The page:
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News | Aug. 31, 2017

DIA teams up with Spy Museum for Cold War Spycast

By DIA Public Affairs

Defense Intelligence Agency historian Greg Elder joined the Spy Museum to discuss some of the major events of the Cold War during a podcast Aug 29.

Elder discussed U.S. intelligence, policy and strategy from the early days of the cold war to the fall of the Soviet Union in 1991.

"When the Soviet Union first got nuclear weapons, we had virtually no [intelligence] collection ... to be able to keep track of how well they were doing and how they were advancing," said Elder.

Elder said the U.S. intelligence deficit was caused by lack of satellites, a dearth of open source news and material, and HUMINT that often needed weeks or months to come back for analysis. "There were periods of time when we actually thought the Soviets had an advantage over us," said Elder. "We had no warning capability ... and very little visibility on how many missiles they had."

This gap in intelligence led to a policy of mutually assured destruction in the 60's and 70's.

In the mid 1970's DIA's intelligence improved to bring a better perspective on the true Soviet capability. In hopes of moving away from the path of mutually assured destruction, Elder discussed how the National Security Council came to DIA and asked for an unclassified report on Soviet underground facilities, knowing the information would signal to the Soviets that the U.S. had accurate targeting data.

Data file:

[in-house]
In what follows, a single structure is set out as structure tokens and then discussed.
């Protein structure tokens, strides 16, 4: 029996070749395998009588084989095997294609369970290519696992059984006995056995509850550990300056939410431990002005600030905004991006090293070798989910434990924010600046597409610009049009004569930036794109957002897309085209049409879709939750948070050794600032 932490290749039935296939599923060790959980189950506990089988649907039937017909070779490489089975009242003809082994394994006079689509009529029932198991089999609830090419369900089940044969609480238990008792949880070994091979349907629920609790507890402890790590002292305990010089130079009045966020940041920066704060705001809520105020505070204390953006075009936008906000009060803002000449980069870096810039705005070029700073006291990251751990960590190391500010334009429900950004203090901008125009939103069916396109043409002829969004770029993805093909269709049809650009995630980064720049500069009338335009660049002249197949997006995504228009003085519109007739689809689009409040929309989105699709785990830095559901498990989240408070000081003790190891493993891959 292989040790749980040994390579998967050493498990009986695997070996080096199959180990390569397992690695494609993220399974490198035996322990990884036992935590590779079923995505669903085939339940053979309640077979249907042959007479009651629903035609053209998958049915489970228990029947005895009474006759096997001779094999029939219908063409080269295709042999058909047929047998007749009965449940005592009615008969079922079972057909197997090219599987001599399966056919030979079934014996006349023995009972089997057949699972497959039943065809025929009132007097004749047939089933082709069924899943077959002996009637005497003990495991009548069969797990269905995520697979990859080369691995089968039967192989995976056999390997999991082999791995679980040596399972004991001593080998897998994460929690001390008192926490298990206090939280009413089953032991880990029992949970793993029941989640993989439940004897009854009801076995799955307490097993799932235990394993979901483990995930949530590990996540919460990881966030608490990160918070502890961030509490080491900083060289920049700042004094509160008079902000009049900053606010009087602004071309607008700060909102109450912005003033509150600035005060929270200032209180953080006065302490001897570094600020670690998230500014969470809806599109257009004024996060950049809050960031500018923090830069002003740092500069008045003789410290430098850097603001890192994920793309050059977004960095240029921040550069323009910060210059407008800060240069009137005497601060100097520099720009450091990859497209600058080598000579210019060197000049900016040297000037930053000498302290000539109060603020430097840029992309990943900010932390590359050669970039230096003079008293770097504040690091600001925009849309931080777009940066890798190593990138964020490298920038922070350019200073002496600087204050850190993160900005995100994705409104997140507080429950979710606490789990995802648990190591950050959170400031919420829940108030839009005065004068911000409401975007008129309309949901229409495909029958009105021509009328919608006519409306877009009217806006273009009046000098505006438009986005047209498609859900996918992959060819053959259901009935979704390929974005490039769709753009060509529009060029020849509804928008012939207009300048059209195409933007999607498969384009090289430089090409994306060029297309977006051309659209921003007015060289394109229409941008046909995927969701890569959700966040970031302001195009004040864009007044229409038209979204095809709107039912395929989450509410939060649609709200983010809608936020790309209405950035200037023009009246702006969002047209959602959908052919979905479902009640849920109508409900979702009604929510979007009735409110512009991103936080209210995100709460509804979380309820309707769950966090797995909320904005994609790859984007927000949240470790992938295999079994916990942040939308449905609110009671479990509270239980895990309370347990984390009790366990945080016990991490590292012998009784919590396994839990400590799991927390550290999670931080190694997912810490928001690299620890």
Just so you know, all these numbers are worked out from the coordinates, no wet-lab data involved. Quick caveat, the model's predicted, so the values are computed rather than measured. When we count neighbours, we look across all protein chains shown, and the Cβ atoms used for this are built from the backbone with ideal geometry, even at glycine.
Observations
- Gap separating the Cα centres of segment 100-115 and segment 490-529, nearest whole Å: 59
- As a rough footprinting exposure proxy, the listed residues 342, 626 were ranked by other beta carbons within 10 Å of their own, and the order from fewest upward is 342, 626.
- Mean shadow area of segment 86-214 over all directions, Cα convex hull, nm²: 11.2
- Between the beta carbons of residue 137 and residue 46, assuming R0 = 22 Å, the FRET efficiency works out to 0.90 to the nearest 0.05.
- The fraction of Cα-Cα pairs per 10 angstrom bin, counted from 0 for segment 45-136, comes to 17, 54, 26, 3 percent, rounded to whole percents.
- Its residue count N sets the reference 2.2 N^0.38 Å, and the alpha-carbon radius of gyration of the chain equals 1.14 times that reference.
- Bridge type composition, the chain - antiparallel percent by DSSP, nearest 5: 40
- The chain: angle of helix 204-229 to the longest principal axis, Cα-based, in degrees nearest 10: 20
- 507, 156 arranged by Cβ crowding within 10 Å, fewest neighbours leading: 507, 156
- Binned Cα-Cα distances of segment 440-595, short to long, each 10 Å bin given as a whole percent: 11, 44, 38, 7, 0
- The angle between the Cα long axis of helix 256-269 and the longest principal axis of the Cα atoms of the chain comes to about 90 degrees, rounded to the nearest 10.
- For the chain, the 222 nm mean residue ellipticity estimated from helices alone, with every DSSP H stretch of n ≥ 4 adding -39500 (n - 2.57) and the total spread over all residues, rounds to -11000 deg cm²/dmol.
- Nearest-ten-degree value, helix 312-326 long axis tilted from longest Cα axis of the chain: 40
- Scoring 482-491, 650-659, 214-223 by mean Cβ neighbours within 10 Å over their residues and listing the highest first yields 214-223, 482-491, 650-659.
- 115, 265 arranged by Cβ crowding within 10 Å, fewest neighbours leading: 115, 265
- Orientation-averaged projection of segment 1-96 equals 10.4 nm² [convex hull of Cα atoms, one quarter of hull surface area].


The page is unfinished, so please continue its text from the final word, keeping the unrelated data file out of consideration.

Intelligence from DIA was instrumental in shaping U.S. doctrine in the 80's. With technology playing a major role in intelligence gathering - from U2 flights to expanded satellite coverage - the U.S. revised its nuclear policy to one of flexible response in 1983.

Elder also discussed the Soviet Union's intelligence and military strategy, describing the USSR's race to catch the U.S. through use of off-the-shelf technology for missile guidance, industrial, and air traffic control systems.

"DIA warned about the danger of selling ball bearing technology to the Soviet Union ... assessing that even a simple piece of machinery could improve Soviet missile technology enough to allow precise targeting of U.S. cities," said Elder. In turn, these Soviet advances led to U.S. developing the more maneuverable Peacekeeper missile system.

The Spycast continued with anecdotes on the Soviet biological weapons, the publication history of DIA's unclassified Soviet Military Power Reports, and the 1991 economic collapse and coup.

Read DIA's 2017 Russia Military Power report here:

Listen to the entire Spycast here: